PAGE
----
A portion of Pushaw Road in Glenburn collasped last Saturday when heavy rain washed away one of culverts that carries a stream under the road. The Maine Department of Transportation is working to repair the damage, but it will likely take several days. Credit: Courtesy of Andy Ryder of the Glenburn Fire Department

It will likely take days and hundreds of thousands of dollars to restore a portion of a Glenburn road that collapsed due to heavy rain over the weekend.

Heavy rainfall Friday night into Saturday overwhelmed two culverts that allow a stream to pass under Pushaw Road, and the pavement succumbed to the water. The damage was discovered Saturday morning.

The washed-out portion of road is located between 1171 and 1188 Pushaw Road.

One of the two culverts, which was 3 feet in diameter, washed away while the other, a 4-foot-wide culvert, remained intact, according to Maine Department of Transportation spokesperson Paul Merrill.

The Maine DOT plans to replace the old culverts with larger ones that are 4 and 6 feet wide, respectively. Merrill estimated that work could cost between $300,000 to $500,000.

Replacing old culverts with larger ones isn’t uncommon, Merrill said, as the state responds to increased water in some areas and larger storms — both symptoms of climate change.

In the meantime, local traffic is being redirected on a 7-mile detour to circumvent the closed portion of the road. Merrill said all local residents should still be able to access their homes.

“We know it’s inconvenient for folks, but we’re trying to do it with as much speed and little cost as possible,” Merrill said. “We’re supposed to get more rain and anything can happen, but we’re already talking about mobilizing and scheduling. We’re talking about days of inconvenience instead of weeks.”

Pushaw Road snakes through the western part of Glenburn along Pushaw Lake, connecting Broadway and Hudson Road. The section of Pushaw Road that collapsed carried 3,000 to 4,000 cars daily, according to Maine DOT data. Several dead-end residential roads stem from Pushaw Road.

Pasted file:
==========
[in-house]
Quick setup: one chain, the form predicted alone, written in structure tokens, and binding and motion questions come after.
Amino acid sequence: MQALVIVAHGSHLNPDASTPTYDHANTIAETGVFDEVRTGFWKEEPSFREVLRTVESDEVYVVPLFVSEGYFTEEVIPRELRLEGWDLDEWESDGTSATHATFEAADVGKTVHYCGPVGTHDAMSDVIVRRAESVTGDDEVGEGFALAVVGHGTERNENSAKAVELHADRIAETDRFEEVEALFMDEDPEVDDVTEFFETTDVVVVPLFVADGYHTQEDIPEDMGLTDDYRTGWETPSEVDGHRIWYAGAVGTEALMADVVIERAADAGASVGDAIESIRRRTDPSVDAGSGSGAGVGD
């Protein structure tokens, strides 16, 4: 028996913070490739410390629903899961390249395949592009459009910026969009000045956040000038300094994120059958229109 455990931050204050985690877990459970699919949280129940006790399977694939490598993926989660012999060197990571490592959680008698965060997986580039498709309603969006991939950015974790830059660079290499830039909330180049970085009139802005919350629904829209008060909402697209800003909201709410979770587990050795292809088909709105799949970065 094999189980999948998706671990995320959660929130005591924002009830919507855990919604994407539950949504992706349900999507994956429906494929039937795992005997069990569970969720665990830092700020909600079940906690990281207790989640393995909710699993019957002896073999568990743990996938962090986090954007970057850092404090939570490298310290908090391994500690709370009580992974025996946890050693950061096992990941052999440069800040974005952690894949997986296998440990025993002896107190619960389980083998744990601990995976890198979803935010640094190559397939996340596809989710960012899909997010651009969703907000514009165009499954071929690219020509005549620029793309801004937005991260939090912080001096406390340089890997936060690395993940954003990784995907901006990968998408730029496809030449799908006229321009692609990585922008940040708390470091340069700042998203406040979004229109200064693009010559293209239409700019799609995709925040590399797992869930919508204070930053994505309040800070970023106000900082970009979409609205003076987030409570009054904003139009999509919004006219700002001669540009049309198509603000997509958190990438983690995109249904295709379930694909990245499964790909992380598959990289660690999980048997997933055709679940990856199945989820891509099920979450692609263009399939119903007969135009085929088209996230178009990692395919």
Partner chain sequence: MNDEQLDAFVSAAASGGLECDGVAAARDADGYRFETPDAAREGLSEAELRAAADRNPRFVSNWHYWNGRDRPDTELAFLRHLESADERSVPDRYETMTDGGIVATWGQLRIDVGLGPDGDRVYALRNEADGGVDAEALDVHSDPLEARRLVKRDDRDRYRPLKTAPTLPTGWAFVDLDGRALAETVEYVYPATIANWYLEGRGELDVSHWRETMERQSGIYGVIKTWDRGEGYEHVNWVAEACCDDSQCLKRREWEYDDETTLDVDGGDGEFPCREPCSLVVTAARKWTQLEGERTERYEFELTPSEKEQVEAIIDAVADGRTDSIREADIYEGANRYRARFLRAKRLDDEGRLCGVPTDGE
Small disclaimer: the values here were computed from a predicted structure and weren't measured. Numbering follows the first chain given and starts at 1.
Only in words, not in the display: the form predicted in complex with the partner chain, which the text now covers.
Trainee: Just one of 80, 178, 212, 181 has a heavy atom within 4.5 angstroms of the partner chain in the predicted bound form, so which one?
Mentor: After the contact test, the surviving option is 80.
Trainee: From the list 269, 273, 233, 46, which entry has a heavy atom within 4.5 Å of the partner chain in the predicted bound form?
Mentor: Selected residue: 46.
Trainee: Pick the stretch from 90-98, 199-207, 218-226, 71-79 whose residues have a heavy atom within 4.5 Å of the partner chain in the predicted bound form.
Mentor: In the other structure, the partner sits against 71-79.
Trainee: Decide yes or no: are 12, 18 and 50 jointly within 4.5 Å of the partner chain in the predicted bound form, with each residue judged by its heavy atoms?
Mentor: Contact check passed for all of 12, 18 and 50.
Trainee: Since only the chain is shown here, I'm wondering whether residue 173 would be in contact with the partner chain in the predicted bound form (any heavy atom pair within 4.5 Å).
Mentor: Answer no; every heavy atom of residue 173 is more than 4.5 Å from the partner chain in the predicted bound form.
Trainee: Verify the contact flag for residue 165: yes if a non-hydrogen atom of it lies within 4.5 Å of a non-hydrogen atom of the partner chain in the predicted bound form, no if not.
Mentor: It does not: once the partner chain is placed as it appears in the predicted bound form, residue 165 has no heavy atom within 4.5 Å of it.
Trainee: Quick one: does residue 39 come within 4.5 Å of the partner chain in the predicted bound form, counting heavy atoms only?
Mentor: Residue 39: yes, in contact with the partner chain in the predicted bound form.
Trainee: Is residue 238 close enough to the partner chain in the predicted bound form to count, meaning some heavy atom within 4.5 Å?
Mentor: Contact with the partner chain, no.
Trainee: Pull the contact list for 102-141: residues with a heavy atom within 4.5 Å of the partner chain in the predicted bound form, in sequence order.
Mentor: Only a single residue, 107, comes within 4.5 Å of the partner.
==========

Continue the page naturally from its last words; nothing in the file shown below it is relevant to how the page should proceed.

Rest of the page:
Glenburn Deputy Fire Chief Andy Ryder said the open gash in the road was impressive to look at, but cautioned residents not to get too close when they see road damage like that, as other sections of the pavement around it are likely unstable and could collapse.

“We had many people try to get close — often too close — not realizing the danger,” Ryder said. “Some of the exposed pavement had nothing holding it up underneath. If you see a flooded road or a washout, turn around and don’t risk it. Luckily, this was discovered before anyone got hurt.”

Most Mainers saw significant rain at some point late last week, which caused some local flooding. Rainfall totals reached up to 6 inches in some areas of southern and western Maine, according to the Caribou office of the National Weather Service. Rainfall at Bangor International Airport totaled 4.9 inches Friday night into Saturday morning.

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Kathleen O'Brien

Kathleen O'Brien is a reporter covering the Bangor area. Born and raised in Portland, she joined the Bangor Daily News in 2022 after working as a Bath-area reporter at The Times Record. She graduated from...